Also known as The Headsman, this is a historical drama that takes place in Tyrol, starting in 1520. At the age of about 8, two boyhood friends are adopted by the Archbishop and brought up separately. Martin is trained as a soldier, and Georg is brought up as part of the clergy. Twenty years later, after participating in the wars of the Holy Roman Empire, Martin returns to his home town as a captain in the army, and meets up with Georg again, who has become a prior by now. They resume their friendship, but their different lives lead them down very different paths. Georg is, of course, a Catholic, and the Catholics are just now being challenged by the new Lutheran Protestants, in this case the denomination known as Anabaptists. The Catholics clamp down hard on the Anabaptists, burning some of them for heresy.
Martin meets Anna, the daughter of the local executioner, and falls in love with her. By virtue of her father’s office, however, she is an “untouchable” and Georg refuses to marry them. Consequently, Martin has to ask the Anabaptists to perform the ceremony. As Anna’s father recently died, Martin now has no choice but to become the new town executioner, which he reluctantly does.
As the conflict between the Catholics and the Anabaptists intensify, the Spanish Inquisition is sent for, to cleanse the area of heretics. The lady friend of the old executioner’s former assistant (whose job fell to Martin) steals an important relic from the church, and the Catholics immediately blames the Anabaptists. In various ways, Martin and Anna are connected to the Anabaptists and the stolen relic, and become victims of the Inquisition’s persecution. Anna is captured and slated to burn at the stake as a witch. Will Martin be able to save her?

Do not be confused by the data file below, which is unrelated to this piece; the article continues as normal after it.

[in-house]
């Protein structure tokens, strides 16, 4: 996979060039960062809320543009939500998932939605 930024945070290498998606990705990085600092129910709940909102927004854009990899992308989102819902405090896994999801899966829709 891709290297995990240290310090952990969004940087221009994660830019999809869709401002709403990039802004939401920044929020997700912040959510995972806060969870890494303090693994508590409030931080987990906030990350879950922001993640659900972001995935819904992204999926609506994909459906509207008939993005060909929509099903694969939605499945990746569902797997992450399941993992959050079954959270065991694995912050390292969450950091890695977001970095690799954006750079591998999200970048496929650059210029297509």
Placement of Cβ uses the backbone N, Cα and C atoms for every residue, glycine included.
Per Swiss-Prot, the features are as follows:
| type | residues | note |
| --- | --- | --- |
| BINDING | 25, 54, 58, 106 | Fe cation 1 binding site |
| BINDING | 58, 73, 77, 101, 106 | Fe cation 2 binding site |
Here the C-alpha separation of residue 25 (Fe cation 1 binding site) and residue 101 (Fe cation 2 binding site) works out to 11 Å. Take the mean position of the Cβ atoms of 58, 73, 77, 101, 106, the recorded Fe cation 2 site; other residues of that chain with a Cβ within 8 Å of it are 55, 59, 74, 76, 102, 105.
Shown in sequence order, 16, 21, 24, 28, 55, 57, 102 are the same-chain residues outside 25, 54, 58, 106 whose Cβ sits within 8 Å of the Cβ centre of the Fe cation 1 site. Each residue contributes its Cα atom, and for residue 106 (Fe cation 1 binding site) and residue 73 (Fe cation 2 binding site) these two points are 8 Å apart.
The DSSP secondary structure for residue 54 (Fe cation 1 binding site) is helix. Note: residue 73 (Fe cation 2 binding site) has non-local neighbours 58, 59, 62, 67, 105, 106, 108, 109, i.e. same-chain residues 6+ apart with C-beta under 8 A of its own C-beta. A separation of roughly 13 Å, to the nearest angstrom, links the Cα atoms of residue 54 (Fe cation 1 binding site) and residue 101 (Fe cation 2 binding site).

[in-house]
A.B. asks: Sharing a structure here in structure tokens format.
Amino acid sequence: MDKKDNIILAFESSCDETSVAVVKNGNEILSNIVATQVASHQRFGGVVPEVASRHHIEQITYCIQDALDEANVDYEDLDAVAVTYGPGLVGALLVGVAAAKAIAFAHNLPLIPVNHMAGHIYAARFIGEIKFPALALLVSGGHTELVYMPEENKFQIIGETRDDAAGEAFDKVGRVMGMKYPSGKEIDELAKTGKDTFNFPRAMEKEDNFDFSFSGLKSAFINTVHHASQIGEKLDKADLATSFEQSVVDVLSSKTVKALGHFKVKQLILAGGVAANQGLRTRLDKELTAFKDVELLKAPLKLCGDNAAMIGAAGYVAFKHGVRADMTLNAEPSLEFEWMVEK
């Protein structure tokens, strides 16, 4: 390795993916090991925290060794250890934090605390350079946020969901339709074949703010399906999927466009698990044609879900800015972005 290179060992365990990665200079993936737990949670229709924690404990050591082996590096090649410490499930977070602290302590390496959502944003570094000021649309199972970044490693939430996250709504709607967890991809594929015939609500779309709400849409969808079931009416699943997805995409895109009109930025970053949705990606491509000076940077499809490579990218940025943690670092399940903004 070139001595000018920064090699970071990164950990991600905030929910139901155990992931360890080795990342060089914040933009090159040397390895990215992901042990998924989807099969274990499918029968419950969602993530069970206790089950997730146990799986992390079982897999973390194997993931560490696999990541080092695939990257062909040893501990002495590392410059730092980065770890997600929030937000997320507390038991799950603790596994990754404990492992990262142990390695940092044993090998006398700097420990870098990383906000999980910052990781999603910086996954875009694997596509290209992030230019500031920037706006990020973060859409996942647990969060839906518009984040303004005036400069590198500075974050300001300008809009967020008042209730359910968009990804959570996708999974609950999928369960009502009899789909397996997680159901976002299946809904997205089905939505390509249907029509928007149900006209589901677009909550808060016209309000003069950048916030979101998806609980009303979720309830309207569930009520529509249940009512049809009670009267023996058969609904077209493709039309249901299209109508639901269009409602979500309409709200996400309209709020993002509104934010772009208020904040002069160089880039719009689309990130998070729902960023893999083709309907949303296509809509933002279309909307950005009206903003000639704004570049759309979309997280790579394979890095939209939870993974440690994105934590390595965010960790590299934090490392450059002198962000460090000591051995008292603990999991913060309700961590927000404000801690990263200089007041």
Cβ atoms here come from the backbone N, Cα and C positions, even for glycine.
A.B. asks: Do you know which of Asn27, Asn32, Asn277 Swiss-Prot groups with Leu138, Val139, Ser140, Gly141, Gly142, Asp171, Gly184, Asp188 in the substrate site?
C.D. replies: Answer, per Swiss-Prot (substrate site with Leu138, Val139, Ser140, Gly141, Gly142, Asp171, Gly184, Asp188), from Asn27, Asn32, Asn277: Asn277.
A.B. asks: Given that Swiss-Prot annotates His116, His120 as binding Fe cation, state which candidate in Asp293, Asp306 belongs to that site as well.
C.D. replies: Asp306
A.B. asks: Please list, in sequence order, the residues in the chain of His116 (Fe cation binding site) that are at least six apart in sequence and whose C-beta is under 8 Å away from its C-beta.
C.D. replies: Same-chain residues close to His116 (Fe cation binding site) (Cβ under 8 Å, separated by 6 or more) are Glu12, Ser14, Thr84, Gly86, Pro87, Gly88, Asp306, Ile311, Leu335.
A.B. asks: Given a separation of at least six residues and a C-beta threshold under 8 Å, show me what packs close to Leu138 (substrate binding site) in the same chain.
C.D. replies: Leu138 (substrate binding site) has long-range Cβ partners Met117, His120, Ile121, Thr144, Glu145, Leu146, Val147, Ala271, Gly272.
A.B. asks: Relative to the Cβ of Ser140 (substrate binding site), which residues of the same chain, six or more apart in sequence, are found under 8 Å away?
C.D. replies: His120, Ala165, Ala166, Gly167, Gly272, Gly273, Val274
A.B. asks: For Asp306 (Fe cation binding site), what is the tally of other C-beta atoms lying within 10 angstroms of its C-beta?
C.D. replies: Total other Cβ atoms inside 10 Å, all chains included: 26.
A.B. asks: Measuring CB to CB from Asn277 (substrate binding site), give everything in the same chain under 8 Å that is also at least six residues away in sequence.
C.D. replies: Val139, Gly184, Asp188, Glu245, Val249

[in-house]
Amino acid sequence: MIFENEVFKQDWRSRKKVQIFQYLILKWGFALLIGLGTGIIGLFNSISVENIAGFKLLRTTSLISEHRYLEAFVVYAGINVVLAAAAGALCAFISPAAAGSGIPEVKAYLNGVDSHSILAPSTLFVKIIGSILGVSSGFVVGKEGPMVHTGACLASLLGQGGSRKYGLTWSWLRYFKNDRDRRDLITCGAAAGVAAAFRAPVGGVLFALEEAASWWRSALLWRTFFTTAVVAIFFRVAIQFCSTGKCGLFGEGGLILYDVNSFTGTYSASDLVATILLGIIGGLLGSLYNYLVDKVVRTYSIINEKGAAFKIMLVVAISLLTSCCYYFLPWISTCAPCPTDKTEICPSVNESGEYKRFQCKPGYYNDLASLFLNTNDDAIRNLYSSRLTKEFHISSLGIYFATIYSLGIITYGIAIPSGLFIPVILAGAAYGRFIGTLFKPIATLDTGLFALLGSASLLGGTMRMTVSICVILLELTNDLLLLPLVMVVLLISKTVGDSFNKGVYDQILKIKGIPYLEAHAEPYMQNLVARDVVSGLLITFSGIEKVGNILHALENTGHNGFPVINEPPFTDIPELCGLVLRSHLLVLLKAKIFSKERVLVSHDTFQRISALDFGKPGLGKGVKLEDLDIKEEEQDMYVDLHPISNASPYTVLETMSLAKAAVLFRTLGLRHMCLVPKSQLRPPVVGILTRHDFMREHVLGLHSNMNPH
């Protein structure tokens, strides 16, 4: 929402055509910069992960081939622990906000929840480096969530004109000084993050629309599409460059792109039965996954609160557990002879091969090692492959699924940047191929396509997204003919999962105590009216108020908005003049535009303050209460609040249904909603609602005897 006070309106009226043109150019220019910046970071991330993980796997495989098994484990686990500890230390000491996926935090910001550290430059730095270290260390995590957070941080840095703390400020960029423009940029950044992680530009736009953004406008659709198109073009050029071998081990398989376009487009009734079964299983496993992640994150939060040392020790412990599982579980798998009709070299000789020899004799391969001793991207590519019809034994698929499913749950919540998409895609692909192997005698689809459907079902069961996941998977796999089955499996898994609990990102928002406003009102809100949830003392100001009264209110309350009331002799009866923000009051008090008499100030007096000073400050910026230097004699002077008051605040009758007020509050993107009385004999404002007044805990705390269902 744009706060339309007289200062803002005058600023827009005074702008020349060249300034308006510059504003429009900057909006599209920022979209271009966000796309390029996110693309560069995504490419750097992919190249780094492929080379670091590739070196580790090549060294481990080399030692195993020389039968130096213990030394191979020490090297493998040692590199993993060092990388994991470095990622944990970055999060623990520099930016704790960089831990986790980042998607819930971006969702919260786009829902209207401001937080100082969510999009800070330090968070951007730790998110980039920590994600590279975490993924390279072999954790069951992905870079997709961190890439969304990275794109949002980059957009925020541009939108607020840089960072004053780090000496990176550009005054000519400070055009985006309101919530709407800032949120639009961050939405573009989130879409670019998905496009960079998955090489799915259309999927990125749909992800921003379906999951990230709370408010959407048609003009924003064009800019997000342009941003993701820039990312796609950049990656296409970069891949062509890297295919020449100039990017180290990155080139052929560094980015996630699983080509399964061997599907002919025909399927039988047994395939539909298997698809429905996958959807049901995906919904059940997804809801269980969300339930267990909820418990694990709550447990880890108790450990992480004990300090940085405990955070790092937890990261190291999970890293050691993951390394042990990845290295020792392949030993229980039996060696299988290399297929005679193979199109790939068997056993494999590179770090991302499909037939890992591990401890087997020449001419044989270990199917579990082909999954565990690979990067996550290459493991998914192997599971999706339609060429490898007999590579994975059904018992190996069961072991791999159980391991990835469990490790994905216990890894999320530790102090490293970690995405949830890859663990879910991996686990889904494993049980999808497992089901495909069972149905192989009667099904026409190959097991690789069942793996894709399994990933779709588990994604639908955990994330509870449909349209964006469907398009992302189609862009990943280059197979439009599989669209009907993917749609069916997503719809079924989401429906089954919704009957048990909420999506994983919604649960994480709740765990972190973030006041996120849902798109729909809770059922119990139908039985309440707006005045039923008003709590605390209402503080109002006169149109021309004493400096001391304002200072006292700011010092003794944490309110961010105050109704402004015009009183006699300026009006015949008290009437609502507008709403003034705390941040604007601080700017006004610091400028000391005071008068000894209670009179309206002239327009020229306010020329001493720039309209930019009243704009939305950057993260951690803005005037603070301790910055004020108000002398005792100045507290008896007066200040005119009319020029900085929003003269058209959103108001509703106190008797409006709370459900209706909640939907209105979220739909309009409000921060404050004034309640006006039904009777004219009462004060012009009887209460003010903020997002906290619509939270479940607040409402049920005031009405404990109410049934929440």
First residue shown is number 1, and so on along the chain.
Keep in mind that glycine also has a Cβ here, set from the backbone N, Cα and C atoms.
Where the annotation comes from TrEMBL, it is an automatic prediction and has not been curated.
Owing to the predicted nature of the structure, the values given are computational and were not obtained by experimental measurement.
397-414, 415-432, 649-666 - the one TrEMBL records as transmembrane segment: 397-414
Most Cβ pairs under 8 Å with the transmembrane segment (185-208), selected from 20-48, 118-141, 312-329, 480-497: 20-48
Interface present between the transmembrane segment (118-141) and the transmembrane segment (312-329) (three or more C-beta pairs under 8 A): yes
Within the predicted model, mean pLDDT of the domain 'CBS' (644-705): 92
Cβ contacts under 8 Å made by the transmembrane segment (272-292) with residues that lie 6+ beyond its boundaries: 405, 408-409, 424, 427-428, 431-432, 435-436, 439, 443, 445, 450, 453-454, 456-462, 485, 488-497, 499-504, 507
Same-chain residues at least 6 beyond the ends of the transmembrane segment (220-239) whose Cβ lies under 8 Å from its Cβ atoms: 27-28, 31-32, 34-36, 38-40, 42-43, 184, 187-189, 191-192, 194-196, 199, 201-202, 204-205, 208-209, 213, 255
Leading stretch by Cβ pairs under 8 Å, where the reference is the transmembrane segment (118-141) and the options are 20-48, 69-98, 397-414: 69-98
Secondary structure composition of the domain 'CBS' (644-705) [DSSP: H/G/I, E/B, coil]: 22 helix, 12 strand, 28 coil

Meanwhile, there are other minor subplots chronicling how the religious conflicts are shaking up all aspects of life, causing much human tragedy in the process. It is a well-produced movie in most ways, and many elements do seem very authentic, even if some of the circumstances are of course both simplified and exaggerated. There are a few scenes of disturbing torture (and several bloody beheadings), but it serves the historical substance of the tale quite well.
Still, the story and the characters are not described strongly enough to ever really grab you, although most of what occurs does feel fairly realistic. There is an emphasis on history and visual intensity more than on effective storytelling and character drama, and consequently the movie fails to make a powerful emotional impression.
Being from 2005, I like how the introductory text reads: “Then as now a fundamentalist alliance of religion and politics pointed the way to an age of darkness.” Seems like a bit of a Bush-criticism there.
The DVD screener had no extras besides scene selection. Not even subtitles, which was a shame, as there were some subtleties involving fatherhood and possible abuse (something about a devil’s mark, which is never properly elaborated on) which I didn’t quite catch.
Shadow of the Sword is released on DVD April 2nd.
Director: Simon Aaby
Cast: Nikolaj Coster-Waldau, Peter McDonald, John Shrapnel, Steven Berkoff, Anastasia Griffith, Eddie Marsan, Julie Cox and others
Runtime: 104 min.
Country: UK, Austria, Switzerland, Luxemburg, Hungary, Germany